Fig marmalade is a fruit preserve that is made from the juice, flesh and skin of figs, a type of sweet and soft tree fruit. The marmalade has numerous versions, with multiple preparation methods and ingredients. Its basic ingredients include figs, sugar and water. Depending on the recipe and the terms used, fig marmalade might also be called fig jam, although the two foods technically are different. Fig marmalade usually is eaten as a spread on breads or crackers.
Like other types of marmalade, fig marmalade is made by boiling ripened fruit with water and sugar. Traditionally, marmalade is made from citrus fruits, but, as in the case of figs, the term extends to preserves of other types of fruit. Unlike jam, marmalade contains fruit peel, giving it a slightly pulpy texture. In fig marmalade, the thin skin might be barely noticeable because of its softness after boiling.
Fig marmalade is prepared by harvesting or purchasing very ripe figs, because they have sweeter flesh and softer skin. The fruit stem is removed, and some cooks cover the fig in sugar and let it sit overnight. Chopped fig is mixed with water and sugar, if it wasn't initially covered in it, then boiled for at least 30 minutes. The cooked mixture typically is blended and rubbed through a coarse sieve to achieve a finer texture. Gelatin, gelatin substitute or citrus fruit might be added for a thicker-set marmalade and to vary texture and flavor.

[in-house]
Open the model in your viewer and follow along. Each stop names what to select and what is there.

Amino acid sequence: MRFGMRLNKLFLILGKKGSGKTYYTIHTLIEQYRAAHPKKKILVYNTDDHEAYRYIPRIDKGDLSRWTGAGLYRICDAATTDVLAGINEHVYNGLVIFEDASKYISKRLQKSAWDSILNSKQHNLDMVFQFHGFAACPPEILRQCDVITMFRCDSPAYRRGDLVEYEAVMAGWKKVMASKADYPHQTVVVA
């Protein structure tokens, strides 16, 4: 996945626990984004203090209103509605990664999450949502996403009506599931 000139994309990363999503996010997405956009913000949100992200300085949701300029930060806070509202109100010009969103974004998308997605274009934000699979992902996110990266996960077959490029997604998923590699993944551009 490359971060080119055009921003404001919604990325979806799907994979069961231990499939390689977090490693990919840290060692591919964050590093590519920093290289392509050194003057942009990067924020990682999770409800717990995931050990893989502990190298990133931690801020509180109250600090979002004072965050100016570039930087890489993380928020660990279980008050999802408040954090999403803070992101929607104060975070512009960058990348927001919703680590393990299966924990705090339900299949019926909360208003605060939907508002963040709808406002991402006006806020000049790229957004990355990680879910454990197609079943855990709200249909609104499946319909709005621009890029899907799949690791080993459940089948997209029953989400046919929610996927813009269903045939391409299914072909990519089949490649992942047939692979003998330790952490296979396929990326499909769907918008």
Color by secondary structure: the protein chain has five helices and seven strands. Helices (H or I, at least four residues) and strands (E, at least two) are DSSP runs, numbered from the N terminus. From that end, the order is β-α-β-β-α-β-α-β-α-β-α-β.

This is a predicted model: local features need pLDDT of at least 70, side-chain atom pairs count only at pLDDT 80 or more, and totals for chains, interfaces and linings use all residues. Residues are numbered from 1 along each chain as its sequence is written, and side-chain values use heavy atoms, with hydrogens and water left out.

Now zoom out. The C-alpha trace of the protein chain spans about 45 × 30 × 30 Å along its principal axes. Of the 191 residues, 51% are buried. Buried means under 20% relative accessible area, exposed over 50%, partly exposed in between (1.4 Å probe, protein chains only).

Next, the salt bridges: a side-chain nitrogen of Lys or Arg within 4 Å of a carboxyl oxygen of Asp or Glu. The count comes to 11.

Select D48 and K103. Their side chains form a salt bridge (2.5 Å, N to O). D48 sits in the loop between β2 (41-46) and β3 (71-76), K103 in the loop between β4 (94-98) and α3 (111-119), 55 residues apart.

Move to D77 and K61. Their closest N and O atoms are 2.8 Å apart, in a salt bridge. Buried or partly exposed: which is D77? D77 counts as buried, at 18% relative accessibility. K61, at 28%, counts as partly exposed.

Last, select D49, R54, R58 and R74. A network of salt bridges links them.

The marmalade's main ingredient, the fig, is from a tree native to southwest Asia and the Mediterranean, and the fruit is shaped like a pear, egg or acorn, depending on the variety. Its color ranges from yellowish green to dark purple. A common fig usually is medium to dark purple in color when being used for marmalade, and the skin might have begun to wrinkle. The inside of the fruit is pinkish and divided into two long sections that are filled with hundreds of tiny, soft, white seeds. Unlike raspberry preserves, fig marmalade has no grainy texture or crunch because the seeds are very soft.
Marmalade began as a mixture of honey and quince fruit, a relative of apples and pears, in ancient Greek and Roman cuisine. Quince and other fruit preserves evolved into marmalade, with the term being used exclusively for citrus marmalades beginning in the 17th century, although other languages do not delineate between citrus fruit preserves and other types of fruit preserves. The root of the word "marmalade," the Latin melimelum, means "honey apple," which is a reference to the food's origins.